The Duke's Daughter & the Manchester Apoethecary.
HOW Lady Barbara Fitzroy, thedaughter of the Duke of Cleve? land, and a granddaughter of Charles II., came to live in the house of a Manchester apothecary is shrouded in mystery. Her father was the son of Charles H. and the notorious Barbara Villiers, Lady Casticmaine, whom the "Merry Monarch " created Duchess of Cleveland. He was named Charles after the King, and when his mother died in 1709, he succeeded her as first Duke of Cleveland. Lady Barbara was one of the three daughters by her father's second marriage, but how she came to be disowned by her mother, as set out in the curious inscription on her gravestone in the choir of the Collegiate Church, is unknown. There are two brass plates upon the stone. The upper one bears the arms of Charles IL with the bar sinister and this inscription :?
" Lady Barbara Fitzroy
Eldest daughter of the
Most Noble Charles
Duke of Cleveland and Southampton
Died January 4th 1734."
Upon the lower plate are the arms of the Dawson family, and the following inscription :—
"Here are deposited the remains
of William Dawson, Esq, who died
On the 17th of August 1780,
And in the 60th year of his age.
He desired to be buried with the above
Named Lady, not only to testify his
Gratitude to the memory of a kind
Benefactress, aitho' he never
Reaped any of those advantages from
Her Bounty to his Family, which
she intended ;
But because his Fate was similar to her's
For she was disowned by her mother,
And he was disinherited by his father."
whose sad story has been preserved in the ballad "Jemmy Dawson."
“My Lady Barbara Fitzroy that lived with Mrs. Dawson, and Mrs. Mort were both buried this week," wrote a friend to John Byrom. “My Lady has made Mr. Dawson her heir, if he can but come at the money," Mr. Dawson did not " come at the money" as he caused to be recorded upon the gravestone, forty- , six years after Lady Barbara's death. The father who disinherited him was an eccentric person, and was buried by his own express direction in a " cuffed shirt and cravat, a night-cap of brown fur, a striped morning gown (orange and white), deep crimson-coloured silk waistcoat and breeches, white silk stockings and red morocco slippers. In his bosom was placed a folded piece of white paper, which enclosed two locks of hair cut from the heads of two boys for whom Mr. Dawson had a great regard. They were the sons of a gentleman named Cooper, who was his steward and with whom Mr. Dawson lived. To this person he left his estate."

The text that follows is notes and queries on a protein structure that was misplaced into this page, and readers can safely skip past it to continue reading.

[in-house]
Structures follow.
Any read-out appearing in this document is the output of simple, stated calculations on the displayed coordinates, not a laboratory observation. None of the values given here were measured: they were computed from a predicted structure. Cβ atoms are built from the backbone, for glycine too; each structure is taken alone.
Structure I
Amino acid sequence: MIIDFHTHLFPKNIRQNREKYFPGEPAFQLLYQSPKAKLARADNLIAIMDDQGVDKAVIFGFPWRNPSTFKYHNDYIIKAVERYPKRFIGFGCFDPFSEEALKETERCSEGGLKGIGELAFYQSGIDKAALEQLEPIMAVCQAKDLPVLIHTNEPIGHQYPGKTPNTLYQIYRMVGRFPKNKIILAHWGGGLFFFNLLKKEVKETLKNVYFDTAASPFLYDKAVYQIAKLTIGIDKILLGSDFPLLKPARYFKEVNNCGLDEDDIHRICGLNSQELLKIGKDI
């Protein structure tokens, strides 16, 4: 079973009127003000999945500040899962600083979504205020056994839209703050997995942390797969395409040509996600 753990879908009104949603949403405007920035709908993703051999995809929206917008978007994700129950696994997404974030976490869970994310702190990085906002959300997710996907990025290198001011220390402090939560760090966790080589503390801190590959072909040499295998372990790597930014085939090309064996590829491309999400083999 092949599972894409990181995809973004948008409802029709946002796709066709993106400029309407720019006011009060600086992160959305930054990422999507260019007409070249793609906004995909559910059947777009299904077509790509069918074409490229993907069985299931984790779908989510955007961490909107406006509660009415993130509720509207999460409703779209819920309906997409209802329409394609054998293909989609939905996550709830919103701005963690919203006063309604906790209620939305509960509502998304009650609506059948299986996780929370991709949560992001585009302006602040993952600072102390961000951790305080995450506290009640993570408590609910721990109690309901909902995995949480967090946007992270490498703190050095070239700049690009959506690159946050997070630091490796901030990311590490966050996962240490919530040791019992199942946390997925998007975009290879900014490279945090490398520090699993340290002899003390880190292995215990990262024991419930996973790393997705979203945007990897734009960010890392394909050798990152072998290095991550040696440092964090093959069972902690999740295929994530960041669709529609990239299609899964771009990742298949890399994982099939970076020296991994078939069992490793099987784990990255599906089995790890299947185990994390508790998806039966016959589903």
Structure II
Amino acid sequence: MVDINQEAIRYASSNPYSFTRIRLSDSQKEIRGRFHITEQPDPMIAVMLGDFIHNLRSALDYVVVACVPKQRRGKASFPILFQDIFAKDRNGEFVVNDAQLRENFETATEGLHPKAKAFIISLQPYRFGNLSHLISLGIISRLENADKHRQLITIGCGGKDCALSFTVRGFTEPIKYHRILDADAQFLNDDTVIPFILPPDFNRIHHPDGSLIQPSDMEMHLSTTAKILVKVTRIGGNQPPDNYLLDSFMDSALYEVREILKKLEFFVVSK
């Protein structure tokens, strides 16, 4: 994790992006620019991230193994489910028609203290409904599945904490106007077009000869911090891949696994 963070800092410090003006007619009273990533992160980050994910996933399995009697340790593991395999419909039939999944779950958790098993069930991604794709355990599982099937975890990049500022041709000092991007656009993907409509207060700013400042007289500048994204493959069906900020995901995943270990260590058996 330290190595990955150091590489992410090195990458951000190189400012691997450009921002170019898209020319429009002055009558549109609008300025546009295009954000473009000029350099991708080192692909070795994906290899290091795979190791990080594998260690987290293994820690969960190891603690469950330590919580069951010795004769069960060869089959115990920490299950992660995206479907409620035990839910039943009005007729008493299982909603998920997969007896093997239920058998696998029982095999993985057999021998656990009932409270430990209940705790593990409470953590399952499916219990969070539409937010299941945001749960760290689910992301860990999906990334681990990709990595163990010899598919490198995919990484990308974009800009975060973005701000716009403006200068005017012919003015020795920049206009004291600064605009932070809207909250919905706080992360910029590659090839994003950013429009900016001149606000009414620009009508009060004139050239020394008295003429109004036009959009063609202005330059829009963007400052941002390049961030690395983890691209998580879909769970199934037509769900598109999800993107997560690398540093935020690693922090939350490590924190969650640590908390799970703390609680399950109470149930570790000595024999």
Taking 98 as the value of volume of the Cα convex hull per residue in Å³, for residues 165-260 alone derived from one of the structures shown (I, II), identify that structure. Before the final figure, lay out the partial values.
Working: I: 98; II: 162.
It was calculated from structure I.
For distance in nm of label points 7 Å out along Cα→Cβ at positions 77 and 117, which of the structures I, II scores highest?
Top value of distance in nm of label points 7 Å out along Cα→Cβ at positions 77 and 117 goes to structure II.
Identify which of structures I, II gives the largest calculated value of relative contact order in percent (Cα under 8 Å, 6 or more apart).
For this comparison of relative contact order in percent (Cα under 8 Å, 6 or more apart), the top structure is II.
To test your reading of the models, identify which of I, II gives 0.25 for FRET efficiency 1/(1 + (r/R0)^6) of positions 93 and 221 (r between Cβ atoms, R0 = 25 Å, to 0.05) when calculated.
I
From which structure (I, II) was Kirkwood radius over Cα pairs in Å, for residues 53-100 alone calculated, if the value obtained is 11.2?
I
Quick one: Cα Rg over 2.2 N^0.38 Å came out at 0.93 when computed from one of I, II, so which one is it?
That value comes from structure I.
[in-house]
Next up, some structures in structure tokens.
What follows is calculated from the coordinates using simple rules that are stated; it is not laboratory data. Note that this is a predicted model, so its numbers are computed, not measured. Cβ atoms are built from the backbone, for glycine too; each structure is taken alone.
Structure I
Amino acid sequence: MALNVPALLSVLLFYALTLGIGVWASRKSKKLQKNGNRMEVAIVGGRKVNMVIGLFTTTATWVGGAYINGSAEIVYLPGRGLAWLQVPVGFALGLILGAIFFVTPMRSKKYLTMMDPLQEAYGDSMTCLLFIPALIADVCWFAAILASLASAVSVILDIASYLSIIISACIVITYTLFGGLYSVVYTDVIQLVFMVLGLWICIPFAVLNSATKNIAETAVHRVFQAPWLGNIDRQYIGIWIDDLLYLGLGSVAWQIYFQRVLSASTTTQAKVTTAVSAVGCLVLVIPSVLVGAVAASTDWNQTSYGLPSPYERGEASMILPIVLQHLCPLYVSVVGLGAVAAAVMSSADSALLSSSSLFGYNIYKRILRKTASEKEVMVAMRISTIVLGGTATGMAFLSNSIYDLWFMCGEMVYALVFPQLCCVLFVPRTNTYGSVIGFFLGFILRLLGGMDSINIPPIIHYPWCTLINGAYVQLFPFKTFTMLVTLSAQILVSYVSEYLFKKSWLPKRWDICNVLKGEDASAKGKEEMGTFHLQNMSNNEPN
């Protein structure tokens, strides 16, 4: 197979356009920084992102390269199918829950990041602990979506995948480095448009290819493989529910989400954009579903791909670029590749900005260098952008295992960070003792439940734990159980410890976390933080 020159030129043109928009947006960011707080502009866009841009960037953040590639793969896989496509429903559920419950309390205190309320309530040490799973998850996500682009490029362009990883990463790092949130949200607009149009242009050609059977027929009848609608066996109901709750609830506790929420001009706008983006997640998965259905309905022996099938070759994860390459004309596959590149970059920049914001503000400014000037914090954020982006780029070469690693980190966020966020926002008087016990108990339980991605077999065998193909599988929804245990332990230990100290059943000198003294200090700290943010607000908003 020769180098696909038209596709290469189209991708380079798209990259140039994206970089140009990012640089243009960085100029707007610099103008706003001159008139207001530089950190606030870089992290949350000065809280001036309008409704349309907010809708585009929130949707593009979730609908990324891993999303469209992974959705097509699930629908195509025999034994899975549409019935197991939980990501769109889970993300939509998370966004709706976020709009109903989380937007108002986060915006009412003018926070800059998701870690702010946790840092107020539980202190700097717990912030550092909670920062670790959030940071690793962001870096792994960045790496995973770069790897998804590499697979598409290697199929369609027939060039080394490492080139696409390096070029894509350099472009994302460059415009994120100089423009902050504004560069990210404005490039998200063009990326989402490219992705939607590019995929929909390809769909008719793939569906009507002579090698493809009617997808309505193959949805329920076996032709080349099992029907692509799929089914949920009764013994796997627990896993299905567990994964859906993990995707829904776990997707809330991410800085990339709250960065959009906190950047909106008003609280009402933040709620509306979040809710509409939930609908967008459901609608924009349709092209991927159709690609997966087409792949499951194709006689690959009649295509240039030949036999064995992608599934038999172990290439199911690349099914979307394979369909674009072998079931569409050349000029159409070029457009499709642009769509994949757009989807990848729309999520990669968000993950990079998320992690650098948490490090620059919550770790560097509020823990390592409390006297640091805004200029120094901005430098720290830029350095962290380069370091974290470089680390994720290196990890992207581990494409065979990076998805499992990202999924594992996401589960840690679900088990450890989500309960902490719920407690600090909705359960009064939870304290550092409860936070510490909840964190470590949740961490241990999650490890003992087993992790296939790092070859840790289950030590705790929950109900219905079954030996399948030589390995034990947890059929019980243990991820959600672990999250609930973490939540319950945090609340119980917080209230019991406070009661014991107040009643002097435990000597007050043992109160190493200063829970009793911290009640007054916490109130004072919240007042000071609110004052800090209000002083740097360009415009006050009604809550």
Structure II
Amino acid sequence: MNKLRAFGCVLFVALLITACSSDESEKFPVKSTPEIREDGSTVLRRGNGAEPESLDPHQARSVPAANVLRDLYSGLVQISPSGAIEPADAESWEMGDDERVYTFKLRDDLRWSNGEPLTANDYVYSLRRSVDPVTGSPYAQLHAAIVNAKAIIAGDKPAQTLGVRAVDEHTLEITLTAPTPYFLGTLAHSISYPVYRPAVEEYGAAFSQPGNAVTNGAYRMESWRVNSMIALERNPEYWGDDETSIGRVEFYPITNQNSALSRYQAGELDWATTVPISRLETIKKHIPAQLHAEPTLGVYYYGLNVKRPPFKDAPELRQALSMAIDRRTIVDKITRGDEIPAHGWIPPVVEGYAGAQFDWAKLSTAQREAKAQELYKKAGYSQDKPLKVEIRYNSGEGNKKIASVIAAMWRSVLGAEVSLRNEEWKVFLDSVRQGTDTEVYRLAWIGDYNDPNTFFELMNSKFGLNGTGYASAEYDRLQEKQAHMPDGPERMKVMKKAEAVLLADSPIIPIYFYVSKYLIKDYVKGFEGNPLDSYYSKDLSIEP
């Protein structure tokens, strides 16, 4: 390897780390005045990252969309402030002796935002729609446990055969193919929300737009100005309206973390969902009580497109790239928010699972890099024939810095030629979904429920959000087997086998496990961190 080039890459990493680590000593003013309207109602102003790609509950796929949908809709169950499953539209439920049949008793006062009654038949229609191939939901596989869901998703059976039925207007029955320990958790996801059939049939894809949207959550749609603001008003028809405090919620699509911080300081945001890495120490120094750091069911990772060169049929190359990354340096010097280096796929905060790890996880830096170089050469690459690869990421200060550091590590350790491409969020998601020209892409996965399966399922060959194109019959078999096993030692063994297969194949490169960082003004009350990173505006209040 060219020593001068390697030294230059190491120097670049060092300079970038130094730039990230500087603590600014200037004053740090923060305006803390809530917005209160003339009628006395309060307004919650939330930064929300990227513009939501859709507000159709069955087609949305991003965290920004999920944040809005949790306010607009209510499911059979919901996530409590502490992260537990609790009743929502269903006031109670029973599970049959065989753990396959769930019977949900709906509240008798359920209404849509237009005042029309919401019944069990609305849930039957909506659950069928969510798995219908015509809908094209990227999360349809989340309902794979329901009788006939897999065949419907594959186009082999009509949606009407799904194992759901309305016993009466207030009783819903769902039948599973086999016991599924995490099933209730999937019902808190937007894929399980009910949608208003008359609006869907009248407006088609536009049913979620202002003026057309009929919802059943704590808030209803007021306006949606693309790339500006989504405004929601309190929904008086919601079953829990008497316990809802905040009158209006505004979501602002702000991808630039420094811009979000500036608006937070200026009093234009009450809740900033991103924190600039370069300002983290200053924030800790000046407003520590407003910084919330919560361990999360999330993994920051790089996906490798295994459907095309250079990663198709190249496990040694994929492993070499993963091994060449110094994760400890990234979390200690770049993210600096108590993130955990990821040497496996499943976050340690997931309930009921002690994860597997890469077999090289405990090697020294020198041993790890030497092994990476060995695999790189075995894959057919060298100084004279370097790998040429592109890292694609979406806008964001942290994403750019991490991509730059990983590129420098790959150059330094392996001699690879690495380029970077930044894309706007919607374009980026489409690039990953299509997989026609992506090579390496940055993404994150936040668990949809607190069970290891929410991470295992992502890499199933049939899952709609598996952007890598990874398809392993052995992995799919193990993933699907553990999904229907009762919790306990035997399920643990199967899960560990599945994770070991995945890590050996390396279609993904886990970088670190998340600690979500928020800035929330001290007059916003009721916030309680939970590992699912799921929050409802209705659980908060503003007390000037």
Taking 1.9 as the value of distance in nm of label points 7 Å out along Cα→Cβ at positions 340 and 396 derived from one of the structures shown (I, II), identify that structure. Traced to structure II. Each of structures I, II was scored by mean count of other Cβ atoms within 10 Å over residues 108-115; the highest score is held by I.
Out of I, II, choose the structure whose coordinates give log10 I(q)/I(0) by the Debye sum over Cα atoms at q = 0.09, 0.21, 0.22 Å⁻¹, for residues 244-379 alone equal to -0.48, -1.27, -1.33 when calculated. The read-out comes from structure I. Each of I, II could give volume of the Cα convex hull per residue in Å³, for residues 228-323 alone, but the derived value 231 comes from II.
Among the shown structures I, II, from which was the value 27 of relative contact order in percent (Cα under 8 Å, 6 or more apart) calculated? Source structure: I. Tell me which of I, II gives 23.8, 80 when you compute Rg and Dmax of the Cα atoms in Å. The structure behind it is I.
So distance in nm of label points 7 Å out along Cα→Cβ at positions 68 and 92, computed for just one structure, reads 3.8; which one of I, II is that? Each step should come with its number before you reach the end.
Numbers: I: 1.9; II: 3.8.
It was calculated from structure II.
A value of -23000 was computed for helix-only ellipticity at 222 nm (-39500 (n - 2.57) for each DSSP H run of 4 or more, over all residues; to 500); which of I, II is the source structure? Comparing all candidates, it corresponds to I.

Several years before his death the elder Dawson engaged an engraver to inscribe the plate he proposed to have placed over his remains, and this he kept in his room until his death. What a story lies hidden here! A king's granddaughter, either driven from her home or leaving it of her own accord, and seeking refuge in the family of a Manchester apothecary! Why did she come to Manchester? How did she make acquaintance with the Dawsons? Those are questions to which no answers can be found. Nor do we know why her host and entertainer was disinherited by his father. This William Dawson was an apothecary, Lady Barbara died a few months before and the father of the luckless " Jemmy " her father, and it is therefore not imDawson who was executed in London for probable that she had no fortune to his share in the 1745 Rebellion, and bequeath to Mr. Dawson.